Monitor the impact of inflation on discretionary and essential products across 10 countries. Visualise, compare and track changes in product price and availability. See how e-commerce data can support your business strategy. Watch a demonstration of how to use the tracker.
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Global inflationary pressures are predicted to moderate further over 2023 and 2024. Slower economic growth, stricter monetary policies of the central banks and supply chain improvements contribute to the price stabilisation. However, there are divergent inflation trends in the largest economies due to differences in the economic performance, labour and energy markets.
After decades of low inflation, companies and consumers worldwide are struggling to cope with the rising cost of living. As a result, businesses must navigate the new consumer reality, in which the focus is firmly on affordability, value, and the cost of living.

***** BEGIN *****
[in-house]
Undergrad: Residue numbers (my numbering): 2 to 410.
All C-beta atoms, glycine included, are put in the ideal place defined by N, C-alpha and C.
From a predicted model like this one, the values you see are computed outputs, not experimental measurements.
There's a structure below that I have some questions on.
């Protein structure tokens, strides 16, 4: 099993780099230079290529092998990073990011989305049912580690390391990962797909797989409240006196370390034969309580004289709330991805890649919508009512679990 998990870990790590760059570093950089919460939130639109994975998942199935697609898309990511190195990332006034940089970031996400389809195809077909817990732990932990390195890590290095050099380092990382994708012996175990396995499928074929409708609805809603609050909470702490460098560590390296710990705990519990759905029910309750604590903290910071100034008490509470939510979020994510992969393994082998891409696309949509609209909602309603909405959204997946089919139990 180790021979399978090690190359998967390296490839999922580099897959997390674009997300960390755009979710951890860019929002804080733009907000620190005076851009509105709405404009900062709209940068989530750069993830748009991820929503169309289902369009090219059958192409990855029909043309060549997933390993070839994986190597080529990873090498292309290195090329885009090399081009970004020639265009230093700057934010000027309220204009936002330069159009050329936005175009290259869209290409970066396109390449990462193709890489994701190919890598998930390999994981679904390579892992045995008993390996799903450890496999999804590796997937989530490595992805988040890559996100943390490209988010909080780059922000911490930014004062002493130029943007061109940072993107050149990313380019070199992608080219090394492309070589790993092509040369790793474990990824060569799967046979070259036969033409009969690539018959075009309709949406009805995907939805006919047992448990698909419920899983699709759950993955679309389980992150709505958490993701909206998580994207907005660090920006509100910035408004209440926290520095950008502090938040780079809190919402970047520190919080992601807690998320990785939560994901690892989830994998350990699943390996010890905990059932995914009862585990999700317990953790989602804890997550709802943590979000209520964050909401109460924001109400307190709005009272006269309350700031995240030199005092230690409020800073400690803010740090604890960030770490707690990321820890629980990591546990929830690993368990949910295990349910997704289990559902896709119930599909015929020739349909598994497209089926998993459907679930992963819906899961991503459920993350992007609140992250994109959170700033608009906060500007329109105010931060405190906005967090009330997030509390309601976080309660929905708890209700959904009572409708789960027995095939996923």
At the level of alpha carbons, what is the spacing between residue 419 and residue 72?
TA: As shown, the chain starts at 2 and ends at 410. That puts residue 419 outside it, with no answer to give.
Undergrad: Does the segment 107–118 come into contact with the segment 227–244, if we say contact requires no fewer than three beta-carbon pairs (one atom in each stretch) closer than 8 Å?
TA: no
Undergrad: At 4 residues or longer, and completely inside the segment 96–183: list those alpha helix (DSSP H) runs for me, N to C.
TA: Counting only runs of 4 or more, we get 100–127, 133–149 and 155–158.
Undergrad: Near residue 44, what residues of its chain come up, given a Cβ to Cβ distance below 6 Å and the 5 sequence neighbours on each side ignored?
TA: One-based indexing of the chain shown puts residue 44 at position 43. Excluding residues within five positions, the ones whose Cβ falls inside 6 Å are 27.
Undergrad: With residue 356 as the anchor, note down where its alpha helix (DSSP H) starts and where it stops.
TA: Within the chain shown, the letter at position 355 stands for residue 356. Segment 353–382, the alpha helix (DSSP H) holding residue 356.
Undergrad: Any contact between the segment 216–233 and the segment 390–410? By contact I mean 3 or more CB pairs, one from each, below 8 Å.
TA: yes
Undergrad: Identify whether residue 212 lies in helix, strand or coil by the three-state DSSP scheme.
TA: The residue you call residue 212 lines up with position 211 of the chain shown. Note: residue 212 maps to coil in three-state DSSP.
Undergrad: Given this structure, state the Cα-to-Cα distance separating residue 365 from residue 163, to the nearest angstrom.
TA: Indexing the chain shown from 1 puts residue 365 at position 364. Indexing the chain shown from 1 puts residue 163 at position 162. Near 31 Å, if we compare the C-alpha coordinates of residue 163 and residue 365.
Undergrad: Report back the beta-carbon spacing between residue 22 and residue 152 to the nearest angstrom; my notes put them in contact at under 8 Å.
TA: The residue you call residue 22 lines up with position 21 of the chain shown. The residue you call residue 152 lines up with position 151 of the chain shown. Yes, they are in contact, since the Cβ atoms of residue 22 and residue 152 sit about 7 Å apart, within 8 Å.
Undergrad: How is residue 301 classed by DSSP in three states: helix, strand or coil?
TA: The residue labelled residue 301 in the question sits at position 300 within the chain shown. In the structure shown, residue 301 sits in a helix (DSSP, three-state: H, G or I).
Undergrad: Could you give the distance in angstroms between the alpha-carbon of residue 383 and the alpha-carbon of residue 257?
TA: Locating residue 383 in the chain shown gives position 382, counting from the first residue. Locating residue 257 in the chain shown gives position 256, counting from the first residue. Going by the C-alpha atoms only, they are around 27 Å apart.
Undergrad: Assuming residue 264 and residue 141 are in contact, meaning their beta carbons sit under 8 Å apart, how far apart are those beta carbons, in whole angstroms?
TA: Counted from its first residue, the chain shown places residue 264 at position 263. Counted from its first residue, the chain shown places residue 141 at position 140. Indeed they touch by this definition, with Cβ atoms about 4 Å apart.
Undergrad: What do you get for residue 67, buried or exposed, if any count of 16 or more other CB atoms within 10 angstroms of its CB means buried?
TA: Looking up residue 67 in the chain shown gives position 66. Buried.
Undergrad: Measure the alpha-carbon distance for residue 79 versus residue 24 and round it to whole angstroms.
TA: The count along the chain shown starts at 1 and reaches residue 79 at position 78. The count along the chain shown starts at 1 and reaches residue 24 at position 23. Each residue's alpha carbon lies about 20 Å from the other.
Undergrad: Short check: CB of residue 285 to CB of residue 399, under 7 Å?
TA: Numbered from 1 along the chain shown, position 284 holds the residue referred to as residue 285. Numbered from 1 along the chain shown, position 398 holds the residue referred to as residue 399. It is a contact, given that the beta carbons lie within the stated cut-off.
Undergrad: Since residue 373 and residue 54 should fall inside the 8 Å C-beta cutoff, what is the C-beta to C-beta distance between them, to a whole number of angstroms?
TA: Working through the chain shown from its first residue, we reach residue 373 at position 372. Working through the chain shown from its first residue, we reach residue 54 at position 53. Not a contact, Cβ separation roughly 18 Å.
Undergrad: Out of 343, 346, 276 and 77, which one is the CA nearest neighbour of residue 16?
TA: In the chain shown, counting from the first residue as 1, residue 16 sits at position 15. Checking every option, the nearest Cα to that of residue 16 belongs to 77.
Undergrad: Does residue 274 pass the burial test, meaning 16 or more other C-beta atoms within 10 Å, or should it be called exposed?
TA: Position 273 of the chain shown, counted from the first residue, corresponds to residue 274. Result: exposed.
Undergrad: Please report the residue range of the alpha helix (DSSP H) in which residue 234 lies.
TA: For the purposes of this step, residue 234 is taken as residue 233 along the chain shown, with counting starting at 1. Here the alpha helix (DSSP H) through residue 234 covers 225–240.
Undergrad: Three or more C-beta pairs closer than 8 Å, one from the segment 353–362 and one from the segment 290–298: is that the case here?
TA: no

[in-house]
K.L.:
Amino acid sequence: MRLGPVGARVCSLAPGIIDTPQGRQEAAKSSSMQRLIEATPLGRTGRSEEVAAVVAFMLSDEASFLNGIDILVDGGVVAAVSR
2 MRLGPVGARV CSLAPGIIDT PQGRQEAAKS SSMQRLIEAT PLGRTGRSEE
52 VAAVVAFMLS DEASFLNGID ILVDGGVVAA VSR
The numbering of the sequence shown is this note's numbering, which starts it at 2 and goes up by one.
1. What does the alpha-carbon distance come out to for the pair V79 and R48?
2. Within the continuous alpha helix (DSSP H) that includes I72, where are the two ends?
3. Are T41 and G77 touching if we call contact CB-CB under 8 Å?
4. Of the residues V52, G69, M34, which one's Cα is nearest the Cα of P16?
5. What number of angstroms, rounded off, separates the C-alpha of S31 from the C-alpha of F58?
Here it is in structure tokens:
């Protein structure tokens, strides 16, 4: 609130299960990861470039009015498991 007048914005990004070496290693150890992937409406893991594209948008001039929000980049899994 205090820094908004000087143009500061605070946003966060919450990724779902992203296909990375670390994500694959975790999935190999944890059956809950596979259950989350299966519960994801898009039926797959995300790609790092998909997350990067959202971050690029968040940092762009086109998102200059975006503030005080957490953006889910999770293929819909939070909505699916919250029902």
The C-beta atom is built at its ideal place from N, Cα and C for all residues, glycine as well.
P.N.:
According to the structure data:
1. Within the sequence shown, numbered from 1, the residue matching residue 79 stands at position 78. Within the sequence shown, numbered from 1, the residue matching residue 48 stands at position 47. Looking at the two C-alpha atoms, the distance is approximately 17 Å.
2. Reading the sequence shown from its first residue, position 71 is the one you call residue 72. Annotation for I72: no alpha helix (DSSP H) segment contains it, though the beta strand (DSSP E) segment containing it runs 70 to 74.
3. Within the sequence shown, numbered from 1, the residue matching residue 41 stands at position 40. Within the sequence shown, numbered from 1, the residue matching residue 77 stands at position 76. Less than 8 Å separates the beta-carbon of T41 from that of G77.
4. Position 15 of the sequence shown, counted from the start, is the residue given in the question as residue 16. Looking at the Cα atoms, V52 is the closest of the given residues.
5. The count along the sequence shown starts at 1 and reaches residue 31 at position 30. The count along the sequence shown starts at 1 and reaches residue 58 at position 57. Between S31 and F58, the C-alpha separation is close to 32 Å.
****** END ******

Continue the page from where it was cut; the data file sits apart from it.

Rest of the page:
With US demand softening and domestic production inflation still a factor, the 2023-2024 bankruptcies and layoffs in the furniture sector are warning flags that geographic exposure to cost is strategically existential. Attention here is once again focusing on production locations, in the face of some harsh numbers.
In 2024, the global economy is expected to register slowing growth for the second consecutive year. This is primarily due to the dampening effect of high interest rates in most major economies globally, in addition to weakening growth in China, the world’s second largest economy. Yet, this comes after global growth consistently outperformed expectations in 2023, withstanding numerous headwinds, especially ongoing and widening geopolitical tensions.
The era of high interest rates is expected to stay for some time, as persisting price pressures and geopolitical risks continue to challenge central banks in key economies in bring inflation back to their targets. As businesses and households increasingly feel the financial pressure coming from high interest rates, they will further adjust their spending and borrowing behaviour.
As inflation begins to cool down worldwide due to slower economic growth, stricter monetary policies of banks and supply chain improvements, Japanese consumers are still struggling to deal with the country’s inflationary environment as households are dealing with unfamiliar rises in consumer goods prices while not seeing wages keep pace.